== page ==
It’s that special time of year at Northwest Film Forum when our staff shares their “Top 10 Lists” from the past sun-round. Some are styled on the more traditional Top 10 Best Films lists we see regularly in the media at this time of year. And some push the boundaries of the Top 10 format. From our film loving hearts to yours: happy holidays, and here’s to a film-filled 2014.
TOP 10, BY PROGRAM DIRECTOR COURTNEY SHEEHAN
Taking the top ten list as an opportunity to introduce myself to the NWFF community, I thought I’d dive a little further into the past to share ten of the most memorable movie-watching experiences from the year I spent researching film festivals abroad on a Watson Fellowship (2011-12). Many of the festivals mentioned here reflect a conscious effort to get off the beaten path of the well-trodden festival circuit in order to explore local communities and in some cases, films that fall outside the scope of the mainstream fest network. Whether for their weirdness or their social power, all these stories shaped my understanding of why movies matter.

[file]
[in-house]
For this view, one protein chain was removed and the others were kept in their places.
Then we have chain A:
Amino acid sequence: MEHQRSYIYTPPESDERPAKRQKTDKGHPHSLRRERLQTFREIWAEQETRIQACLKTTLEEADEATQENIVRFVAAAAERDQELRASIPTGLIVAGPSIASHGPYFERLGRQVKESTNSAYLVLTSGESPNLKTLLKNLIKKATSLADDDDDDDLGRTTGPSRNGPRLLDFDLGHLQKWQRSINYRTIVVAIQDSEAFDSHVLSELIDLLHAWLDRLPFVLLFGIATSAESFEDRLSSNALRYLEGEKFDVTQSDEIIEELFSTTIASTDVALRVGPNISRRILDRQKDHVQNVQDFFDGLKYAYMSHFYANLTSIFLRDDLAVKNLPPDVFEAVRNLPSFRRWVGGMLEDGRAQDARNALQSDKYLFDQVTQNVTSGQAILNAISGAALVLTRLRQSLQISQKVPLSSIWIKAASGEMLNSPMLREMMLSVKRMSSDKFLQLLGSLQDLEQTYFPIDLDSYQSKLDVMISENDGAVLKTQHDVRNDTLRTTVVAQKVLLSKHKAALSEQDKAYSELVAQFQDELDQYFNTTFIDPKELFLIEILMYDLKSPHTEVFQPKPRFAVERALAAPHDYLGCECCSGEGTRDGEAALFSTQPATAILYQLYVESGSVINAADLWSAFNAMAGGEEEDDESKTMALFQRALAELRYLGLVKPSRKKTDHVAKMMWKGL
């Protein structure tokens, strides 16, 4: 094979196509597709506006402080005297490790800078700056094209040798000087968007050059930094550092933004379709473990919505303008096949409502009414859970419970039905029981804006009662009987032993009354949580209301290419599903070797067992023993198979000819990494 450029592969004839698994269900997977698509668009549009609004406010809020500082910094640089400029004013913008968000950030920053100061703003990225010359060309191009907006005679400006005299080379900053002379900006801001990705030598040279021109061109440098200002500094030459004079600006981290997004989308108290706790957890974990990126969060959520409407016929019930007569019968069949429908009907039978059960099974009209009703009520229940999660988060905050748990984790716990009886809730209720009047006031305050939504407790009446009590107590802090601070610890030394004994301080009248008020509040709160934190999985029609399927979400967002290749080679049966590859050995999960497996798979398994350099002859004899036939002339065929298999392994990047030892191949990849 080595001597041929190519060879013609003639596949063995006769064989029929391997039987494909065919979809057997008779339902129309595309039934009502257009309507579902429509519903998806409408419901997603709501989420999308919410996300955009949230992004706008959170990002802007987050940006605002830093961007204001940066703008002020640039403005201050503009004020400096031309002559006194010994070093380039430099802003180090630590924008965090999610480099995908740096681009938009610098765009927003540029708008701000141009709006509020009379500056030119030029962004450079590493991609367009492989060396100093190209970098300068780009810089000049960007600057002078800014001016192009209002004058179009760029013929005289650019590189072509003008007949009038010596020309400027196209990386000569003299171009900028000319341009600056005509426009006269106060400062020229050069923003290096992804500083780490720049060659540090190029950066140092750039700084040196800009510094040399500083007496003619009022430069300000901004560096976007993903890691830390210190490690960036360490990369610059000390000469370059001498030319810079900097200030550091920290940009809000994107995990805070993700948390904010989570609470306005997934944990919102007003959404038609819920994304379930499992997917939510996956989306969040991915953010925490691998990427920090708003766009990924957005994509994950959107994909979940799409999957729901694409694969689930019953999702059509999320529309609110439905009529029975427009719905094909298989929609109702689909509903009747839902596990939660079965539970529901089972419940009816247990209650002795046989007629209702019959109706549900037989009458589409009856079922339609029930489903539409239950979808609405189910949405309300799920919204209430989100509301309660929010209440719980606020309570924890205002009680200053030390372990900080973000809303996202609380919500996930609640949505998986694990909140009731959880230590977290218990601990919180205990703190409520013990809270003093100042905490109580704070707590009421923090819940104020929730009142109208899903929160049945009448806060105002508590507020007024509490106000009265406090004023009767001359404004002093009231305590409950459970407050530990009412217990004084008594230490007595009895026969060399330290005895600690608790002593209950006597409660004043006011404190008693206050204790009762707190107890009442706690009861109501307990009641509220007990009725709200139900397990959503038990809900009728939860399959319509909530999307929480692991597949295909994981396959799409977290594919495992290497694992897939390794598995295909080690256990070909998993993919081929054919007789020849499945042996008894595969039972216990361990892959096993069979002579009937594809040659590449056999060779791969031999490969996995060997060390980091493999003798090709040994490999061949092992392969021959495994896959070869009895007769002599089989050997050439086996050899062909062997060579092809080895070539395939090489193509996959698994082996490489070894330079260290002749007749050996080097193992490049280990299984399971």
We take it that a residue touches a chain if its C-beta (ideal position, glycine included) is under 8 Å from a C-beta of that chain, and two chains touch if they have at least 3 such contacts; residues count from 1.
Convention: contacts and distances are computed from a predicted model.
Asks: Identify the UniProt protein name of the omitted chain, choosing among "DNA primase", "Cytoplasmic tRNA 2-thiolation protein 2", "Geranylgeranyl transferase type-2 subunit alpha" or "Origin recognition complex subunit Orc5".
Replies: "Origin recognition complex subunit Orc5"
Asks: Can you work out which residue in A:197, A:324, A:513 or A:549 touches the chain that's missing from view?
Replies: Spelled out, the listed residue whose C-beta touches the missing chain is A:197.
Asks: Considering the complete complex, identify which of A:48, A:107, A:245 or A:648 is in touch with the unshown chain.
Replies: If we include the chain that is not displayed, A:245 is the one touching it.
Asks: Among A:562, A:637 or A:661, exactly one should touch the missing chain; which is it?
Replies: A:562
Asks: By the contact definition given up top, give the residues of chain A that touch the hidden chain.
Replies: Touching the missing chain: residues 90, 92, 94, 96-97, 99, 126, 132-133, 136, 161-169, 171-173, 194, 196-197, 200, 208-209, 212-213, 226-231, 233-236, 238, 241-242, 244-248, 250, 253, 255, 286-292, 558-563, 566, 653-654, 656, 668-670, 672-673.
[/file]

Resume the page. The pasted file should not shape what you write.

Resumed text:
At the International Documentary Festival Amsterday (IDFA), the world’s largest doc festival, I saw the world premiere of The Ambassador. This farcical hidden camera doc chronicles Mads Brügger’s (The Red Chapel) neo-colonialist scheme to buy a diplomatic title and subsequent promenade in the Central African Republic as an undercover journalist wearing thousand euro boots. To pull this off, Brügger fooled a Dutch businessman into selling him a fake passport and Liberian consul papers for $50,000. When he caught wind of the film, the dubious Dutchman flew straight from Africa to appear on TV, threatening to sue the festival. Along with every other audience member, upon entering the theater I was handed a copy of the irate businessman’s lengthy statement of outrage and proclamation of innocence.
In Spain, I co-founded Cine Migratorio, a migration-themed film festival. One of my favorite submissions was Dime Cuando… (Tell me When…), a documentary by a German visual anthropology student that follows three migrants in Melilla, a Spanish exclave on the North African coast. Here migrants wait, sometimes for years, in the Centre for Temporary Stay of Immigrants (CETI) for their chance to enter Europe. During the festival screening, the audience member sitting next to me started to point excitedly at the Pakistani migrant on screen. “I know him,” he whispered. As it turned out, the Bangladeshi migrant sitting next to me had lived in CETI for two years and knew most of the main subjects in the film. While programming this festival, I spent a lot of time contemplating the immensity of physical distance. In that moment, the personal experience of migration forged an intimate connection between the northern coasts of Africa and Spain.